Lonnie van Brummelen and Siebren de Haan

Lonnie van Brummelen and Siebren de Haan’s film installation Monument to Another Man’s Fatherland, 2008, is dominated by a large 35-mm projector, situated in the center of the gallery rather than hidden in a soundproof projection booth. While the workings of this machine are therefore audible as well as visible, the film it projects—a fine-grained monochromatic journey across a montage of the richly detailed surfaces of a sculptural relief—is silent. The images document a well-known monument depicting a gigantomachia, or struggle between gods and giants, built to celebrate a battle between the Celts and the Pergamum Kingdom in 166–67 BC. At the end of the nineteenth century, this monument was removed from Bergama, Turkey, and eventually housed in the Pergamon Museum, Berlin. Van Brummelen and De Haan worked from reproductions, culled from an array of academic books and museum guides, because they were forbidden to film in the museum and denied access to its image archives. Openly presenting their project as a reflection on globalization and the displacement of people and objects, the artists were informed that the museum did not want to engage in debates about the repatriation of the monument. In response, they reconstructed the frieze from multiple sources, announcing their strategy by sometimes revealing the edges of the two-dimensional composite and incorporating brief flashes of white to suggest discontinuity or repetition.

A lengthy text, featuring a detailed list of source publications and a miniature composite of the frieze, is presented on one of the gallery walls. Despite the vast differences in scale between the miniature and the film projection, both elements of the installation communicate a fascination with the legibility of images. The combination of mythic subject matter and silent film also specifically recalls a utopian moment, not long after the monument was removed from its site of origin, when cinema itself was imagined as constituting a kind of universal humanist language. This focus on language and legibility becomes more explicit in another component of the installation: a black-and-white 16-mm film with synchronized sound, consisting of short presentations to the camera by a succession of young men and women. The participants are all students in an “integration class” at the Goethe-Institut in Istanbul, which provides an introduction to German vocabulary and culture for aspiring immigrants who need to pass a proficiency exam. Each student, identified by first name on a clapboard at the beginning of the shot, struggles to decipher an art-historical description of the frieze, in German. These episodes are fairly short, less than fifteen seconds each, so the students are not subjected to sustained scrutiny in the manner of a screen test. Nonetheless, the participants are clearly unsettled by the fact that they are operating in unfamiliar linguistic territory. In contrast to the methodi- cal, relentless progression of the camera across the surface of the monument in the larger projection, the static cinematography in the second film reveals smaller and more hesitant movements, the facial gestures of the readers who attempt to decode the words shown them. Through this interplay between textual and filmic elements, Monument to Another Man’s Fatherland offers a rich and elegant exploration of language and power.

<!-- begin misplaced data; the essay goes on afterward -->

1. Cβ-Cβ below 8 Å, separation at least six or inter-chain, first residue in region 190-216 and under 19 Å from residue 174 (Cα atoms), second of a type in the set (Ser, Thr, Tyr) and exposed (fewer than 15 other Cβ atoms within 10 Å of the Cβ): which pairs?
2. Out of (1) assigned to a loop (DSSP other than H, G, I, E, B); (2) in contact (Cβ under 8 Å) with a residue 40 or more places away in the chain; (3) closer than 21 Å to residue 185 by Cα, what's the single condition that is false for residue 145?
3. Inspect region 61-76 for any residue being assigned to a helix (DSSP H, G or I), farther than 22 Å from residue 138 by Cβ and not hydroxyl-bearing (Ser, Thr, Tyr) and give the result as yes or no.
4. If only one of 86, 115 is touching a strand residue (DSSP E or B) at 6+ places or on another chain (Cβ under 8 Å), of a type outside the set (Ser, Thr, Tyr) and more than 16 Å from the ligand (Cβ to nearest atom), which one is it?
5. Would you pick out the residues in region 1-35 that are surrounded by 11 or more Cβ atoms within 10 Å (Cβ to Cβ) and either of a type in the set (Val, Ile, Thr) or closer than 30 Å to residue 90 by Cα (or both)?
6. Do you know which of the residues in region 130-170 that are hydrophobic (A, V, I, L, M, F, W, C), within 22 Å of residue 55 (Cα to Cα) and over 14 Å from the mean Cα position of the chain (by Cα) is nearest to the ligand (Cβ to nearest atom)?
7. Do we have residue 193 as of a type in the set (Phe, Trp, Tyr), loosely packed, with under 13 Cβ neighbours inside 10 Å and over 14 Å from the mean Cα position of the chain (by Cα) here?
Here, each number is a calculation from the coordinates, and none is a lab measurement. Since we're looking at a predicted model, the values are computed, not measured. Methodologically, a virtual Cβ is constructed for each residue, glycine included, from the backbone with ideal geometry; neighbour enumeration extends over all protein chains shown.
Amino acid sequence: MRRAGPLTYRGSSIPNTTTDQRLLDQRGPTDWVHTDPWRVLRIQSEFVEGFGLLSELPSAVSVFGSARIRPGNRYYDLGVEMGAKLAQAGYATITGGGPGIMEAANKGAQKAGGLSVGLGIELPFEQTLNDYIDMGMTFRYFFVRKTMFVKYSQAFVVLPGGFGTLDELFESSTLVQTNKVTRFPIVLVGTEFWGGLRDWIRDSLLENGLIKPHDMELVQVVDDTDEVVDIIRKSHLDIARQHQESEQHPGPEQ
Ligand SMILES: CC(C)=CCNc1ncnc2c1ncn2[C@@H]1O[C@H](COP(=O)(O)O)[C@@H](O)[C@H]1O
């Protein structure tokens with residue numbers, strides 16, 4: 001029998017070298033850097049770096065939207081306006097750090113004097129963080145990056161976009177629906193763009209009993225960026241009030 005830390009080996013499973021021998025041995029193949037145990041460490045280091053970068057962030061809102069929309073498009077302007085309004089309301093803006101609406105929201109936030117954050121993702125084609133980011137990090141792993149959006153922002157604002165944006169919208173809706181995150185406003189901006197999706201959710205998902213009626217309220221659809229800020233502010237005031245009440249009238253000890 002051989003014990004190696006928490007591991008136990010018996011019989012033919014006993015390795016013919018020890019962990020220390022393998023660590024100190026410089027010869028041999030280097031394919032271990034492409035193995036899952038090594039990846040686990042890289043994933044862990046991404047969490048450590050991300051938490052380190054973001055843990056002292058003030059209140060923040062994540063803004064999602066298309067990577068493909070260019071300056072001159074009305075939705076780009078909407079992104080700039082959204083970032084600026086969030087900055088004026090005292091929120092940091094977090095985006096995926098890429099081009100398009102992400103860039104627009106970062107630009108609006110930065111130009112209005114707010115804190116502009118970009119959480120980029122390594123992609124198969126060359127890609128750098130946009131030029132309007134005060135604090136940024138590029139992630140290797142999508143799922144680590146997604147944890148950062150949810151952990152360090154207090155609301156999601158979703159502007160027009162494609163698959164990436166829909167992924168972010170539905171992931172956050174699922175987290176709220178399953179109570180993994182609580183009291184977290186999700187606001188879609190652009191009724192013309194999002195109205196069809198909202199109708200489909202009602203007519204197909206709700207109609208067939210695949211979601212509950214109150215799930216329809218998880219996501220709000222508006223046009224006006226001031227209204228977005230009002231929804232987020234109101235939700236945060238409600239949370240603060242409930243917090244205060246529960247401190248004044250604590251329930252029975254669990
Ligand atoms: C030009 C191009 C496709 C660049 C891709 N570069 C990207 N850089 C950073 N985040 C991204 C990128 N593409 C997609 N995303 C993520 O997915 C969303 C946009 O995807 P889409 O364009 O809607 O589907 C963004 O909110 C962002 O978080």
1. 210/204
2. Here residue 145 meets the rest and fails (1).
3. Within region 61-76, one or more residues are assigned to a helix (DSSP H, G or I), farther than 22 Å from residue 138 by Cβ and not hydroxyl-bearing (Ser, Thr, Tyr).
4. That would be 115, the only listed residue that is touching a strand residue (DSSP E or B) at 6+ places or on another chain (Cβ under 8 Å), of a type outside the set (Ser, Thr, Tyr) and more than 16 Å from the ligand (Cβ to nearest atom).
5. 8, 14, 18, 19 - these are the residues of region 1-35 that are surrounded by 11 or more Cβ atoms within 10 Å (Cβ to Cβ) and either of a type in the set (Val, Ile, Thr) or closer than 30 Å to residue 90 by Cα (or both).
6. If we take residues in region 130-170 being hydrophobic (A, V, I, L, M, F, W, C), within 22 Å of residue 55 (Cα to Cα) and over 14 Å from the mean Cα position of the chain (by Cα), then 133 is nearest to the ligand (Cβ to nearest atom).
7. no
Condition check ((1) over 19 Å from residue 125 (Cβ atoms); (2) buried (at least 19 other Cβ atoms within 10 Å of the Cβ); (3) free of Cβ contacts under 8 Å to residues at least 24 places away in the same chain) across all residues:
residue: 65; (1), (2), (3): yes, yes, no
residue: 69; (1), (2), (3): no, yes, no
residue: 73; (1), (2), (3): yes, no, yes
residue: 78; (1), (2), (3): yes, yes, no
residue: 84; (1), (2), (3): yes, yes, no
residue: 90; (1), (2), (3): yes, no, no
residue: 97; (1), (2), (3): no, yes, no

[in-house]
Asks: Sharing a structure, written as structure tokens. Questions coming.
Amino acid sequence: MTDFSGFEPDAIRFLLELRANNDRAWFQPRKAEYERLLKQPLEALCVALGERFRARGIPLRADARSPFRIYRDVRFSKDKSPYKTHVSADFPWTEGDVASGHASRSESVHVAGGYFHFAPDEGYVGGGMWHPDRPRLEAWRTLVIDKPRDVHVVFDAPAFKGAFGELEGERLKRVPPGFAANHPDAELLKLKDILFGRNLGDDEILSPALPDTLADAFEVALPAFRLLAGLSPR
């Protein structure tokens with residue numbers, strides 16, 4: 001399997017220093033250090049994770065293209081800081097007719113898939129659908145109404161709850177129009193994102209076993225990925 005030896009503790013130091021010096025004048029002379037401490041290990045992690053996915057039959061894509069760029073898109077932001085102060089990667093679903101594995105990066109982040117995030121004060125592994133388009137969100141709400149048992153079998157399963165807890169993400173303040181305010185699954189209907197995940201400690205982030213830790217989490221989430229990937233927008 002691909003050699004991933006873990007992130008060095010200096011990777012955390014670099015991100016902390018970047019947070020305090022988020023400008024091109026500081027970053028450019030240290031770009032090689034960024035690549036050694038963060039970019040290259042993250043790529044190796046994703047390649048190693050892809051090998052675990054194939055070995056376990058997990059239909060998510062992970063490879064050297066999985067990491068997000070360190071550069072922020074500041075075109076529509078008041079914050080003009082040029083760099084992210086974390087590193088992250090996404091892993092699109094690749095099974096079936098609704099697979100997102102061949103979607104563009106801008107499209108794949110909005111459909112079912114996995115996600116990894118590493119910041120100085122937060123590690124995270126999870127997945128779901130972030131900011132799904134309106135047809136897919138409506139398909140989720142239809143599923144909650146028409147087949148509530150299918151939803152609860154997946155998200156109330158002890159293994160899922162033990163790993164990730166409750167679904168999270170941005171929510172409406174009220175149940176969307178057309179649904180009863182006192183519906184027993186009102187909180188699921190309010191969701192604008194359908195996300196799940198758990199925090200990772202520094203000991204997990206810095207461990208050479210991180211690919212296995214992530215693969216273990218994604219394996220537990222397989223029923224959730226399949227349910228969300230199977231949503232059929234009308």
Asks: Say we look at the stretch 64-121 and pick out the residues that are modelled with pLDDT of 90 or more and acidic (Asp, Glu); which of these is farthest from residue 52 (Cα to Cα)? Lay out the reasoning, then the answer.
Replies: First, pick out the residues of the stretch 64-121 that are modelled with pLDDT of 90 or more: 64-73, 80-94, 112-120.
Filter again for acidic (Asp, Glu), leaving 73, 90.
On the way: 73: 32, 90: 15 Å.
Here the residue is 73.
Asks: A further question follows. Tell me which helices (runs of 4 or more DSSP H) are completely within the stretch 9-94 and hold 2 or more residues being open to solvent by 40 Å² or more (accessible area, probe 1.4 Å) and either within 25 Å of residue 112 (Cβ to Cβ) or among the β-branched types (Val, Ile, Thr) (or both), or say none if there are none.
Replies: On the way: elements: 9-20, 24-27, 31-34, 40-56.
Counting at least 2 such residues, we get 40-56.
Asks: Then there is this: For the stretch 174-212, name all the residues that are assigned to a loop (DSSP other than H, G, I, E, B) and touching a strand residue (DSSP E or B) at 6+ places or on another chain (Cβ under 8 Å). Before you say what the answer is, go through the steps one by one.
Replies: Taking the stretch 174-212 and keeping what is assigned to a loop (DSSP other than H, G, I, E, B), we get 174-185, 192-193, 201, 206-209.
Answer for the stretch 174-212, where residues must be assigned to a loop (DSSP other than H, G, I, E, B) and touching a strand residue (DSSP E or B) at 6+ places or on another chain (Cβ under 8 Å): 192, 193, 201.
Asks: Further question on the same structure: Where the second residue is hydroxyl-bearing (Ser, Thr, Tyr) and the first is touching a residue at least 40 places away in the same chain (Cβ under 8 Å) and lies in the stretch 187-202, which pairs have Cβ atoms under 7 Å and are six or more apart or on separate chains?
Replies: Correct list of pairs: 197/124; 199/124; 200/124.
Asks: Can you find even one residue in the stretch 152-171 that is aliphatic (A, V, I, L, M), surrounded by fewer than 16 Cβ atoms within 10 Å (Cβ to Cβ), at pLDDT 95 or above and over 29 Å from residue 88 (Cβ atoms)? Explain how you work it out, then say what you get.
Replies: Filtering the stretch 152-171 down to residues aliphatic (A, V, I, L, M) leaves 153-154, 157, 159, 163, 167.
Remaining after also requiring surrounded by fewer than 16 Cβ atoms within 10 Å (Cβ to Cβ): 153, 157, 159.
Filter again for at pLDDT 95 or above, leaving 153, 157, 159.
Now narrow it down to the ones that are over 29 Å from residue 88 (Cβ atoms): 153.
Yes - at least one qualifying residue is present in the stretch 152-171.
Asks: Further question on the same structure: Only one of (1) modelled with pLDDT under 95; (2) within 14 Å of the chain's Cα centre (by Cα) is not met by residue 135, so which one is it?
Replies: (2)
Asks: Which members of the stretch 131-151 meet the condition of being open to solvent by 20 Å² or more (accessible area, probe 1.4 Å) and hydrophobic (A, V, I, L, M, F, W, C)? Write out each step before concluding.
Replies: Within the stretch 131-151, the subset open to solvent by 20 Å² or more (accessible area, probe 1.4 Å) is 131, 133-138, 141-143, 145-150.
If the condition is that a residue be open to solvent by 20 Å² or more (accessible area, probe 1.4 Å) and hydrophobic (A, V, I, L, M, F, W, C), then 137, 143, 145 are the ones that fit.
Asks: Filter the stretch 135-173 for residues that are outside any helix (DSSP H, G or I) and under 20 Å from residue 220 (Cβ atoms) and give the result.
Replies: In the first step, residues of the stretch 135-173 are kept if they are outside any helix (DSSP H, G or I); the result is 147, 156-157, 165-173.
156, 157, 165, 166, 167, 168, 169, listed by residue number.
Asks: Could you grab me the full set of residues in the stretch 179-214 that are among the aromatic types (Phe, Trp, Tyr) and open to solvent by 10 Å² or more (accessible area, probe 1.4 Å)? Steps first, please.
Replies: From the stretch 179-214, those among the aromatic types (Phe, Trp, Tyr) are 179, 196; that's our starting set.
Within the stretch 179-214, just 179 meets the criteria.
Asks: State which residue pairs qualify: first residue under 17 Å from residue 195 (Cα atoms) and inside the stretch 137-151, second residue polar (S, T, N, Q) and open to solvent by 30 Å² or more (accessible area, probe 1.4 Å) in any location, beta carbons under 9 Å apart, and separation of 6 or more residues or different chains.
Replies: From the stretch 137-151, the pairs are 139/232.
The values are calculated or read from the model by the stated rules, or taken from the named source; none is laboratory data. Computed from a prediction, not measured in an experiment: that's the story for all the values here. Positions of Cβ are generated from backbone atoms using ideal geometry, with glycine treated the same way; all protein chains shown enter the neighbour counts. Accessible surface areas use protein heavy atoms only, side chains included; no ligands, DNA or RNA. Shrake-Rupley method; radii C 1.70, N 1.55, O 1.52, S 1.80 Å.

Maeve Connolly